With Michael Cera, Portia Doubleday. Rated R for sexual content, language and drug use. 90 minutes.
January can be a great time for moviegoers and a terrible time for movie critics. It’s when some late Oscar contenders, having opened in New York and Los Angeles for qualification runs, get wider releases. It’s also a time when Hollywood clears the shelves of film projects that didn’t quite pan out or which seem very risky at the box office. YOUTH IN REVOLT is not a late arrival. It is one of the first releases of 2010.
Although occasionally a good film sneaks through because the studios don’t know what they’ve got, such is not the case here. Instead we have a teen romantic comedy in which schizophrenia is considered the hilarious twist. Of course they don’t call it that, so instead of being a story of a young man listening to the voices in his head and going out of control, it’s supposed to be a wacky romantic comedy.
Michael Cera, in the sort of role in which he seems to be alternating with Jesse Eisenberg, plays Nick Twisp, a horny teenager who isn’t getting any. His parents are divorced, and his mother has taken up with a series of inappropriate men. Nick meets Sheeni Saunders (Portia Doubleday) who is beautiful and smart and seems taken by him. Nervous as to how to win her, he turns to his suave alter ego François Dillinger (also Cera, now with an absurd mustache) who proceeds to give him terrible, destructive advice.
In the course of the movie he will steal and wreck cars, commit arson, fake a suicide, and lie to a troubled girl to inspire her to break up Sheeni’s current relationship. Apparently, some people find this “charming” and “funny.” Yet as Nick gets so out of control that the authorities have to be called in, it ought to be obvious these aren’t light-hearted pranks, but criminal conduct. The excuse for Nick is that François has been advising him how to be cool. In courtrooms this is known as the “insanity defense.”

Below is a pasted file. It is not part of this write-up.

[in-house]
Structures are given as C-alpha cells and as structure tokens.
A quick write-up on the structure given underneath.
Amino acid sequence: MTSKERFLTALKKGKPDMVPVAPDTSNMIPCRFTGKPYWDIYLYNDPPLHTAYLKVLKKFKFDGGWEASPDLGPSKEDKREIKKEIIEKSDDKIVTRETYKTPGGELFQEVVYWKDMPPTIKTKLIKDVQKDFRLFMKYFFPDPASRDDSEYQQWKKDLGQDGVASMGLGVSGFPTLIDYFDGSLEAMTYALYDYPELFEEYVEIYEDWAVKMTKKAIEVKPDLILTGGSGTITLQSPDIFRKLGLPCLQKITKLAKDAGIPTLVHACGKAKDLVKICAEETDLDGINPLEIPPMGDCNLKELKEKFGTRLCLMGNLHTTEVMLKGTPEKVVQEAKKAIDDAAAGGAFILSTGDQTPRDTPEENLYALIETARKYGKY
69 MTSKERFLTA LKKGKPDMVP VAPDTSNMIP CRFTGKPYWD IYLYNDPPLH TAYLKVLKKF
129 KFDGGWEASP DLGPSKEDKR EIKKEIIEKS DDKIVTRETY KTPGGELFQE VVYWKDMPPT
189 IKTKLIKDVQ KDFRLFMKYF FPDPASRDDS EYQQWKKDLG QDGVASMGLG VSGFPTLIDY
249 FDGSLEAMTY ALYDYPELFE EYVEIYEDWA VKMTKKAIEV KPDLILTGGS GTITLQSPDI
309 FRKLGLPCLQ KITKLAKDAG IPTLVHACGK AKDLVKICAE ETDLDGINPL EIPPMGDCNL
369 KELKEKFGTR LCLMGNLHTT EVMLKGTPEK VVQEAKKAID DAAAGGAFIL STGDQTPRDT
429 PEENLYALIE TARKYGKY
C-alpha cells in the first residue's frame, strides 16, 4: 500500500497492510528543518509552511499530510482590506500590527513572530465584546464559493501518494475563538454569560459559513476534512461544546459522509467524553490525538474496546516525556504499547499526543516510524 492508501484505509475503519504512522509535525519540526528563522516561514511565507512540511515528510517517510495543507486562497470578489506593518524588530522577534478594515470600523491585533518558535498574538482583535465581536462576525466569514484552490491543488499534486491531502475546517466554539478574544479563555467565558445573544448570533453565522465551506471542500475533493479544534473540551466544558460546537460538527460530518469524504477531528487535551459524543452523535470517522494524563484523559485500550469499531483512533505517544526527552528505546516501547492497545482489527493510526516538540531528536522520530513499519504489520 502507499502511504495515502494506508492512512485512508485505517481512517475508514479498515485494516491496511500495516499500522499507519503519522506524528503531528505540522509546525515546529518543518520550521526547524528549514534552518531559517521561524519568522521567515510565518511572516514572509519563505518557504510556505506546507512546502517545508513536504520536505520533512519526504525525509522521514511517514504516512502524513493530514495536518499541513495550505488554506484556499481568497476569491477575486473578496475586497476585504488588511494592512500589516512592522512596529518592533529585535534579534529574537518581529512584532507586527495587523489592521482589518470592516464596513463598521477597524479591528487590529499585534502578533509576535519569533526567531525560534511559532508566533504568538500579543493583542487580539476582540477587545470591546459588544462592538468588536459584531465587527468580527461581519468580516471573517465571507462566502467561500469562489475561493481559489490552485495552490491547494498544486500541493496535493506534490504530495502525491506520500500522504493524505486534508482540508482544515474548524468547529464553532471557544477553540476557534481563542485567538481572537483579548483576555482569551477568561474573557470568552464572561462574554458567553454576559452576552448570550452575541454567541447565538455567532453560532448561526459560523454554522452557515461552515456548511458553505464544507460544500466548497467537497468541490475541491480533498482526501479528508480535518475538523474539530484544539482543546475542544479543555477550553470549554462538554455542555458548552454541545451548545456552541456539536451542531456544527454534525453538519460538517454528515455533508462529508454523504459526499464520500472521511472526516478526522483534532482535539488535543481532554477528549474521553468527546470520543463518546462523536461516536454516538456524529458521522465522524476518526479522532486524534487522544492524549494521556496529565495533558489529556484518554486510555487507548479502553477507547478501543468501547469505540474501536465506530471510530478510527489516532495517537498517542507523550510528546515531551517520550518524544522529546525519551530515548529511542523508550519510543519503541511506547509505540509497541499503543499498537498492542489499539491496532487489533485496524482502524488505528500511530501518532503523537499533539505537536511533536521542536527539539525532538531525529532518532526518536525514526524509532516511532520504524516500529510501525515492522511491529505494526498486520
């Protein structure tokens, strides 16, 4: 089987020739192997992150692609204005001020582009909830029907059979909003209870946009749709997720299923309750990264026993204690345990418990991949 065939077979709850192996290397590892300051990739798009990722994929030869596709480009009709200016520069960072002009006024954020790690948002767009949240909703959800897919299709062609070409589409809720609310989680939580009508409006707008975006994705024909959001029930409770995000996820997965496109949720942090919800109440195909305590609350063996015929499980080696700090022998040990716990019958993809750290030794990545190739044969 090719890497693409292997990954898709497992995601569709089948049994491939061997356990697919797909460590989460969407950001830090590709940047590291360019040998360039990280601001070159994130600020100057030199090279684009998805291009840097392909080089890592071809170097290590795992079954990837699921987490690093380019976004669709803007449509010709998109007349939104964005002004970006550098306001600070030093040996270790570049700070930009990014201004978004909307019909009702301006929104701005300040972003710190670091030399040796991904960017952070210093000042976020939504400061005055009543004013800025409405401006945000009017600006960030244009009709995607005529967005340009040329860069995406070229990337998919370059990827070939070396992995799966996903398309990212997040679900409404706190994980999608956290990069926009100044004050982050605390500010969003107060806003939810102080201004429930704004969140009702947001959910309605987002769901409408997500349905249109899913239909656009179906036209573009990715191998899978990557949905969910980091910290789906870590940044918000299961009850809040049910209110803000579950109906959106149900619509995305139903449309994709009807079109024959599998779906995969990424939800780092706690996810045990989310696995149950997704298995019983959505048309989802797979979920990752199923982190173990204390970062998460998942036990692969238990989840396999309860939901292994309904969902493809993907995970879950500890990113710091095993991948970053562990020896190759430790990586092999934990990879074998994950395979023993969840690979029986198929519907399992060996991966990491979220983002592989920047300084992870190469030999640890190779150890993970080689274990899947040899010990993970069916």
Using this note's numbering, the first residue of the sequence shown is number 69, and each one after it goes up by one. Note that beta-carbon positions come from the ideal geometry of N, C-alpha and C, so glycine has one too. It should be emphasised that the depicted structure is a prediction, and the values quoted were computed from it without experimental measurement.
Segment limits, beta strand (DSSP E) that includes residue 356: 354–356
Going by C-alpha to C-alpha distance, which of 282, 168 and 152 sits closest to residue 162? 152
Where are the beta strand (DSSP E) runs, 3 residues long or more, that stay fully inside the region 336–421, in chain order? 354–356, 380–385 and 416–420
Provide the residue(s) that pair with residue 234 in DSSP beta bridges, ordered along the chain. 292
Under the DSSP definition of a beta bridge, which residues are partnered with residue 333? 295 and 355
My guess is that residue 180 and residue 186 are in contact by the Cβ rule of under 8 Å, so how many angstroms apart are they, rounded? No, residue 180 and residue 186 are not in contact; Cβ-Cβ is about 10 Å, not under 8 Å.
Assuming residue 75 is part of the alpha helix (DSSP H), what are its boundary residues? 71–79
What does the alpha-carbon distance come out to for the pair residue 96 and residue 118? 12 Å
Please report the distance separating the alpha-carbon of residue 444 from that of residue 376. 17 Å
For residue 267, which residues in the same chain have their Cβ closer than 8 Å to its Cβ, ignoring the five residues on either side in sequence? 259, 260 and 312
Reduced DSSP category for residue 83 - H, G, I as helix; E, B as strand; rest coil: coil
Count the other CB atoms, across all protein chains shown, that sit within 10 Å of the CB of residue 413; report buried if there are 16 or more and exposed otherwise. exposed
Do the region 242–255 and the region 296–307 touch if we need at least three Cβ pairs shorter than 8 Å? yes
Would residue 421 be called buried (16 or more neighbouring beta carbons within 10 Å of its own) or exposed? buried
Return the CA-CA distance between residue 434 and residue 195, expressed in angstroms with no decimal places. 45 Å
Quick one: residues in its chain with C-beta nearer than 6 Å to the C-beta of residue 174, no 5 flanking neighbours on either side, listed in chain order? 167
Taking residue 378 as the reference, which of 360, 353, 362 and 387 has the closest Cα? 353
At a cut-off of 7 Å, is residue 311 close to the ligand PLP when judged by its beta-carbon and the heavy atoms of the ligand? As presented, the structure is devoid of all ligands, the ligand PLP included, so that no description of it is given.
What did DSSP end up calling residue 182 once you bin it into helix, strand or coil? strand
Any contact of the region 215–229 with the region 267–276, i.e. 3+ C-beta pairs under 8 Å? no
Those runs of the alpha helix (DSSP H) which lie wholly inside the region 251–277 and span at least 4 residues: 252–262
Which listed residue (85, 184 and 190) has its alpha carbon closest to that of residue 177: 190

Based on a series of novels by C. D. Payne, something seems to have gotten lost in the translation. What apparently was absurd and comically exaggerated on the page lands with a thud on the screen. Sheeni’s parents (M. Emmet Walsh, Mary Kay Place) are supposed to be funny because, get this, they’re Christians. Nick’s mom (Jean Smart) takes up with an out-of-control cop (Ray Liotta). Sheeni’s intelligence is exhibited by a love of 1950’s French writers, movies and singers. Even the reliable Fred Willard, as a kindly neighbor, is reduced to “acting stoned” jokes.
Cera has fit in well in other recent films about teens fumbling with sex, such as “Juno” and “Nick And Norah’s Infinite Playlist,” but as is apparent here, his likeability quotient can only take him so far. Portia Doubleday’s Sheeni is pert, but a little too sophisticated given her character’s supposed background.
For teens and twenty-somethings prepared to laugh at anything Michael Cera is in, “Youth In Revolt” may do. However, in keeping with its January release date, it is revolting.•••
Daniel M. Kimmel is a veteran movie critic and author of a host of film-related books, the most recent being I’ll Have What She’s Having: Behind The Scenes Of The Great Romantic Comedies. He teaches film at Suffolk University and lives in Brookline.